When people think about revolutionaries, the one person that a lot of people would often mention is Karl Marx. However, despite being labeled as a revolutionary and an activity, Karl Max is more appropriate to be called a philosopher that often challenged the economic and political systems during his era.
Karl Marx is often known for the method of socioeconomic analysis that he developed called Marxism, which is still being studied in philosophy, economics, and political science classes around the world. The idea of Marxism is mainly found in Marx’s works, most notably “The Communist Manifesto” (1848) and the three volumes of “Das Kapital” (1867 to 1884).
While many know about Marx’s political and economic views, only a few actually know about Marx’s early life and education. To know more about one of the most well-known philosophers in the world, here are pieces of information about Karl Marx’s early life and achievements.
The Early Life of Karl Marx
Karl Marx, whose full name is Karl Heinrich Marx, was born on May 5, 1818, in the town of Trier (formerly known as Treves and Triers) in Prussia, a German kingdom that existed from 1701 to 1918. His father, Heinrich Marx, and his mother, Henriette Pressburg, were originally non-religious Jewish people, but they eventually converted to Christianity before Karl’s birth.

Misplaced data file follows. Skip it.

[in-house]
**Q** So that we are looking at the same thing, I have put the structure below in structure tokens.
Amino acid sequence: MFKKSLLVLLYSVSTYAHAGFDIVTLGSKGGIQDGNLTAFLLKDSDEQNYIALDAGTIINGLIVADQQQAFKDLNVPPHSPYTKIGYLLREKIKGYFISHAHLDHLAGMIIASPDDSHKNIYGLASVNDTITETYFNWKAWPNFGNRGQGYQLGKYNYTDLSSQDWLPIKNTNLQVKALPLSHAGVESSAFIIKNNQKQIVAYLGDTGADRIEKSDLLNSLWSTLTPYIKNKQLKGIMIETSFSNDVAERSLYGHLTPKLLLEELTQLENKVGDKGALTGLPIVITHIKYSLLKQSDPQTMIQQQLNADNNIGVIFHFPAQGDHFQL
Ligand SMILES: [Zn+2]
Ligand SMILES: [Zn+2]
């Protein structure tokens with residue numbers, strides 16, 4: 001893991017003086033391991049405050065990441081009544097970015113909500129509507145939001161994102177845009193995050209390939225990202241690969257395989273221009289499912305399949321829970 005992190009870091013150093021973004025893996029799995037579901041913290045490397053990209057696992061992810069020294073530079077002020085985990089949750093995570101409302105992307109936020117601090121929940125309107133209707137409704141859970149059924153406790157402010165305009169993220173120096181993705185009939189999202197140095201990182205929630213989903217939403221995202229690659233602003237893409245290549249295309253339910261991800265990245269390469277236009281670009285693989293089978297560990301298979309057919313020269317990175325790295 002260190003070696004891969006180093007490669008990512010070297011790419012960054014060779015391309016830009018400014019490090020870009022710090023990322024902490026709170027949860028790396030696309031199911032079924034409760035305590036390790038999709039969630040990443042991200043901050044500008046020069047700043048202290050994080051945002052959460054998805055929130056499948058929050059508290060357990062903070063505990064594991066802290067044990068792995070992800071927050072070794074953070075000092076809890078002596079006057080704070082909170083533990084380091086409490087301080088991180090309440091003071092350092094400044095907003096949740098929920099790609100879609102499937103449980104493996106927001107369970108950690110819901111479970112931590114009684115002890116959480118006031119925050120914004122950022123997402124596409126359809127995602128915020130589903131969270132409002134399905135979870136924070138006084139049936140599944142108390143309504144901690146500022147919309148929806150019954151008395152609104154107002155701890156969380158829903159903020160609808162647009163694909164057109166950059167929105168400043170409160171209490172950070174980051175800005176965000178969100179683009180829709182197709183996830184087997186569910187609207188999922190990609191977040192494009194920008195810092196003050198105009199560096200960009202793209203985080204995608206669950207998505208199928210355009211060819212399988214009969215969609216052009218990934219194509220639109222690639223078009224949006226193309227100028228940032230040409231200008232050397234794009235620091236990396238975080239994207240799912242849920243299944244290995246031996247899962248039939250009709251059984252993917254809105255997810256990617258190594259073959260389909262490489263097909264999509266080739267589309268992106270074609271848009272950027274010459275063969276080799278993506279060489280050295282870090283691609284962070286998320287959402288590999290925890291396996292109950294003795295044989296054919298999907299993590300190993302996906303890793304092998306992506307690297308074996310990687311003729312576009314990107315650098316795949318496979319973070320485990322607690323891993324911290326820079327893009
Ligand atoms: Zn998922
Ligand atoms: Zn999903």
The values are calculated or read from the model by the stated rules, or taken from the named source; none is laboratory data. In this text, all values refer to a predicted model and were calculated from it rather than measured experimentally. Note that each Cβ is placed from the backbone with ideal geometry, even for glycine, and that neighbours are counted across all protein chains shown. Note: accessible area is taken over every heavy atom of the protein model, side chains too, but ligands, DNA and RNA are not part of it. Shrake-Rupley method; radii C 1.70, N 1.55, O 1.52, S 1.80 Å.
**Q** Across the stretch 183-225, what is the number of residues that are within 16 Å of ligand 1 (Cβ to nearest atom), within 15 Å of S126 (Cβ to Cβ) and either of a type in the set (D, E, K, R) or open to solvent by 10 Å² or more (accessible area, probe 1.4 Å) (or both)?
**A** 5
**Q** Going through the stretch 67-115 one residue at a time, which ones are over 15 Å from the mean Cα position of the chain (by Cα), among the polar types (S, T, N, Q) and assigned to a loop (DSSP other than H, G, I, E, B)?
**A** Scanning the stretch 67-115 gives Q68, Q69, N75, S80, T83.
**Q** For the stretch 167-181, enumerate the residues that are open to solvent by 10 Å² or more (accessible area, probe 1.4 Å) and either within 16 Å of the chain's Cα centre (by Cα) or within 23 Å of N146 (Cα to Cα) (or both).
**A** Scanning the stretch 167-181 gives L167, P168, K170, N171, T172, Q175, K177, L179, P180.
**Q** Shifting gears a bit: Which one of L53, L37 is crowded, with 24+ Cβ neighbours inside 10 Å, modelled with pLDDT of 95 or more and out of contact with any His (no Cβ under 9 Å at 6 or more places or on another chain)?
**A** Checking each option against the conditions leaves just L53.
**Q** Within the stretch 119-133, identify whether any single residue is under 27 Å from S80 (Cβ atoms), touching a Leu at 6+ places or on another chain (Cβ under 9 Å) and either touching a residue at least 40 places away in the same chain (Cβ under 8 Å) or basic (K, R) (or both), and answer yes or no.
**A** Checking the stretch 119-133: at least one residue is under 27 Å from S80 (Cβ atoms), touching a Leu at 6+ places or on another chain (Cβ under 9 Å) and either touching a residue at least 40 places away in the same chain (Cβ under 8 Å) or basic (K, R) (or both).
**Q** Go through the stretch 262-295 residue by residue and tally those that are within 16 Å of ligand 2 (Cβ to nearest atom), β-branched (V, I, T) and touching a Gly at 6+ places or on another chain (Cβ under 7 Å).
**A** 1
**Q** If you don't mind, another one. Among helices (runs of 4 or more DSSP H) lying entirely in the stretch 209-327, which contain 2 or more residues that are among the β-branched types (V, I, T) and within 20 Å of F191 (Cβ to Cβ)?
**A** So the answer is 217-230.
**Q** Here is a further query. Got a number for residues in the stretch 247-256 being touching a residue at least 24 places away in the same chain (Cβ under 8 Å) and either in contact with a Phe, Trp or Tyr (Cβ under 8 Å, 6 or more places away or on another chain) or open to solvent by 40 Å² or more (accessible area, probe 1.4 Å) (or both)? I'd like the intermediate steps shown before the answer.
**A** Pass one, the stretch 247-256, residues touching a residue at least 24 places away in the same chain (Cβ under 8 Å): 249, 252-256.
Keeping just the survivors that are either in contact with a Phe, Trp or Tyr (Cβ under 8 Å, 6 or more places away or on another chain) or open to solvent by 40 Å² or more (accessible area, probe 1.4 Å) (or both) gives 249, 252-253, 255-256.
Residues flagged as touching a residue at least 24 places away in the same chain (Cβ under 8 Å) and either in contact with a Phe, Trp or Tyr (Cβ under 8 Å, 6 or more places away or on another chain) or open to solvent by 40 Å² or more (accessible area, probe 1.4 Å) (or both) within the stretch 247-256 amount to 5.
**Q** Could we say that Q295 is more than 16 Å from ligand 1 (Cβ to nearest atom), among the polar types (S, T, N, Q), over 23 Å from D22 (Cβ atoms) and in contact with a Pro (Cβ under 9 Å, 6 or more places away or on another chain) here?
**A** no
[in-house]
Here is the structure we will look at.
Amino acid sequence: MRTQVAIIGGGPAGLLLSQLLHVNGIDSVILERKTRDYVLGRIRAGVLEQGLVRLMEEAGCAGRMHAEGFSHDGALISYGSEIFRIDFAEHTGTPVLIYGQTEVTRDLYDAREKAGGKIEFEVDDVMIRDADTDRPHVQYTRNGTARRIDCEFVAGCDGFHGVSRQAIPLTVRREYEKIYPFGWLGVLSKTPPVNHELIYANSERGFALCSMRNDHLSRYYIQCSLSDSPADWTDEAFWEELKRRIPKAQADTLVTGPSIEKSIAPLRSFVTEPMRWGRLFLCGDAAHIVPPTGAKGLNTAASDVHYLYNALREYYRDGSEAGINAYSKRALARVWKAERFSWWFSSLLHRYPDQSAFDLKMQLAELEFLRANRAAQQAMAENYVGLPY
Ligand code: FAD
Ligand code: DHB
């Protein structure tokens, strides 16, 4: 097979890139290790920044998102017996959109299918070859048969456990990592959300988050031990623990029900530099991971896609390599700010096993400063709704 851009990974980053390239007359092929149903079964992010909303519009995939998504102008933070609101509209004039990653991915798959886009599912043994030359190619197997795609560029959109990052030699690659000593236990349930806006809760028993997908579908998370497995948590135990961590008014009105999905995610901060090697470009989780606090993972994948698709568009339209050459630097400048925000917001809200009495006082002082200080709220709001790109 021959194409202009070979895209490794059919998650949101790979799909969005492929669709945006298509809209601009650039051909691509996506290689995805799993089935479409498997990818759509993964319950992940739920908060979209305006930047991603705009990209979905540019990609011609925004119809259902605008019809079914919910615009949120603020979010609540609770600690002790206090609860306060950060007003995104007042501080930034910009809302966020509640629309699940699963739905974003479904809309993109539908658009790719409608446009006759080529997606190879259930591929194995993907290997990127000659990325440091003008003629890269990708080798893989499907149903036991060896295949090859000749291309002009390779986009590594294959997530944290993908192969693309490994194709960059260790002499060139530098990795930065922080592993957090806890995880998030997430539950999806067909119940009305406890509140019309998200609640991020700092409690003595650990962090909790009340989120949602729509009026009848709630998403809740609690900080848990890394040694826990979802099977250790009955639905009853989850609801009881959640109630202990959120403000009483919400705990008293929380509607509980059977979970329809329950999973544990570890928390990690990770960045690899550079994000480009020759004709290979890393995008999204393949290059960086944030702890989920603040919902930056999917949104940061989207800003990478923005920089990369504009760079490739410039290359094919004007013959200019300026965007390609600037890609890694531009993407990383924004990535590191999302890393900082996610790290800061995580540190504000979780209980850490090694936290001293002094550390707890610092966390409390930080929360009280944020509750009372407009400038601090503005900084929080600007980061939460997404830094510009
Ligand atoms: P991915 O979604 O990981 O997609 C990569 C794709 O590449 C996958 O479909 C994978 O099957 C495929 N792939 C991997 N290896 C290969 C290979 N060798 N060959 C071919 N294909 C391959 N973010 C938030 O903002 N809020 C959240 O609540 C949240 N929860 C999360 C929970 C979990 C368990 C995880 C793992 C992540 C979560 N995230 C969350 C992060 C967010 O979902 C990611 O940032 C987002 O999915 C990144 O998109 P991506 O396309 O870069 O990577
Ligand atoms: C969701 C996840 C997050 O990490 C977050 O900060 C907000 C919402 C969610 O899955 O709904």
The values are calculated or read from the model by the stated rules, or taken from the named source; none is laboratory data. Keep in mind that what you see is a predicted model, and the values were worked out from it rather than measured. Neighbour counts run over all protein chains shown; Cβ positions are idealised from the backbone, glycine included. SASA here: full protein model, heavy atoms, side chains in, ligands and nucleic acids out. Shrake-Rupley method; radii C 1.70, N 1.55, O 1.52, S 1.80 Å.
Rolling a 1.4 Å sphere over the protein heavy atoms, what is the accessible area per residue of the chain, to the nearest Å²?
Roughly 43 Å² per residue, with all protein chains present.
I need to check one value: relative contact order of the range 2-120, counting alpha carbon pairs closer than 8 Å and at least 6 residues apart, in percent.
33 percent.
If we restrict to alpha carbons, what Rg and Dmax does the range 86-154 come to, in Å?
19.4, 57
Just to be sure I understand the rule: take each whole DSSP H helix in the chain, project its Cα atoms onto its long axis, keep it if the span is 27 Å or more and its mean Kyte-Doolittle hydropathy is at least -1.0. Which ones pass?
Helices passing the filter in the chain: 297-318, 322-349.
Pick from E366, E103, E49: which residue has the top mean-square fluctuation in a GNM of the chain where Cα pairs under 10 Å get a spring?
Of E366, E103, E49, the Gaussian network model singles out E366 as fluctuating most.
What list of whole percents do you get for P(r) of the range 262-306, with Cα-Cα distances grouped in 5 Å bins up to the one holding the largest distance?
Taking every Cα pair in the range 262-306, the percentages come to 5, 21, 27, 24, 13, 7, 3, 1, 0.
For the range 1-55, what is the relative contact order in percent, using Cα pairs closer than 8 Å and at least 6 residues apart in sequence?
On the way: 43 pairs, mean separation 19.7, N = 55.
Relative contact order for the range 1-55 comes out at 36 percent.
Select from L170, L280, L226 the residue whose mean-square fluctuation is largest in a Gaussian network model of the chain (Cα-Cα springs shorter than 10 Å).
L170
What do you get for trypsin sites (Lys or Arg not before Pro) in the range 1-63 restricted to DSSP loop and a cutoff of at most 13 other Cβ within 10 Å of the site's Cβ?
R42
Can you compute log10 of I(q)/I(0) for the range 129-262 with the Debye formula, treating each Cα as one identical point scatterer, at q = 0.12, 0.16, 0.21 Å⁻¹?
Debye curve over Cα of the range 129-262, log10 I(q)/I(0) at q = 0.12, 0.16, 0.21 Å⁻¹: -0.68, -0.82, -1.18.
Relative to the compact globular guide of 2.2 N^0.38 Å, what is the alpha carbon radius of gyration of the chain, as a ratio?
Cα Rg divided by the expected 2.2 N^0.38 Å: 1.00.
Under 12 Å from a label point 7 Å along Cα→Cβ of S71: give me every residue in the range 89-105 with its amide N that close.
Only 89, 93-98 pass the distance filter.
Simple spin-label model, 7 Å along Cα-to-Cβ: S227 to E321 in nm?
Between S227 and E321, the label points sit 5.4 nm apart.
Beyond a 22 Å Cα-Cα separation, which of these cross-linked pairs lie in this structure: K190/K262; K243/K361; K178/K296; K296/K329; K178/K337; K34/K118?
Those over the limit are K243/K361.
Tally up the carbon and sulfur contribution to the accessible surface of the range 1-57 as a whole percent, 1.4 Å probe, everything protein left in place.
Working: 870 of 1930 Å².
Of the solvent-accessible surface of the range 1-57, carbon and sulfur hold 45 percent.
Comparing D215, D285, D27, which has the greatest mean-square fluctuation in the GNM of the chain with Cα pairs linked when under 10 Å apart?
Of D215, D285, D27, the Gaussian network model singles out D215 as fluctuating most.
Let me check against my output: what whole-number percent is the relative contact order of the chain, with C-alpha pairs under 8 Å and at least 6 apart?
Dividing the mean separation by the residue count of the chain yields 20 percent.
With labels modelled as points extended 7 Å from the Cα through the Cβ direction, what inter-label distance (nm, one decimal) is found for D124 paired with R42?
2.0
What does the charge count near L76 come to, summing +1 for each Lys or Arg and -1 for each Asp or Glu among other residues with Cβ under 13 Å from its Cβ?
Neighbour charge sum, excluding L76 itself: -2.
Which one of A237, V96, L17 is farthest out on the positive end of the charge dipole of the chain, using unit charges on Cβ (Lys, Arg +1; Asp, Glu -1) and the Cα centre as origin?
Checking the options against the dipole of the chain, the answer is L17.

There are only a few historical records about Karl Marx’s early life, but it is documented that he was the third of nine children and that he became the eldest son when his older brother Moritz died in 1819, just one year after the birth of Karl. Marx would then receive private education from his father, who was an attorney that was fascinated by the ideas created by Voltaire, Immanuel Kant, and other philosophers. In high school, Karl Marx entered Trier High School, which had Hugo Wyttenbach, Heinrich Marx’s close friend, as the headmaster.
Karl Marx in College
In October 1835, Karl Marx traveled to Bonn, Germany, in order to study philosophy and literature at the University of Bonn. However, his father wanted him to study law instead since it is a more practical field. Because of his problems with his chest, Karl Marx was excused from military duty when he was 18 years old, so he continued his studies in Bonn.
While at the University of Bonn, Karl Marx would become a member of the Poet Club, which had political radicals and activists as members. Marx also became a member of the Trier Tavern Club drinking society, where he eventually became the co-president.
However, Marx’s stay at the University of Bonn wasn’t really peaceful, as he would often be involved in fights and disputes with other students. One of the most infamous fights that Karl Marx participated in was in August 1836, when he fought a duel with a member of the Borussian Korps, another student organization in the university. Because of the numerous fights he had been involved in, as well as his deteriorating grades, Karl Marx’s parents decided to transfer him to the University of Berlin, where he would be introduced to the philosophical ideals of G.W.F Hegel and join the Young Hegelians, a group of students dedicated to discussing philosophy, religion, politics, and ethics.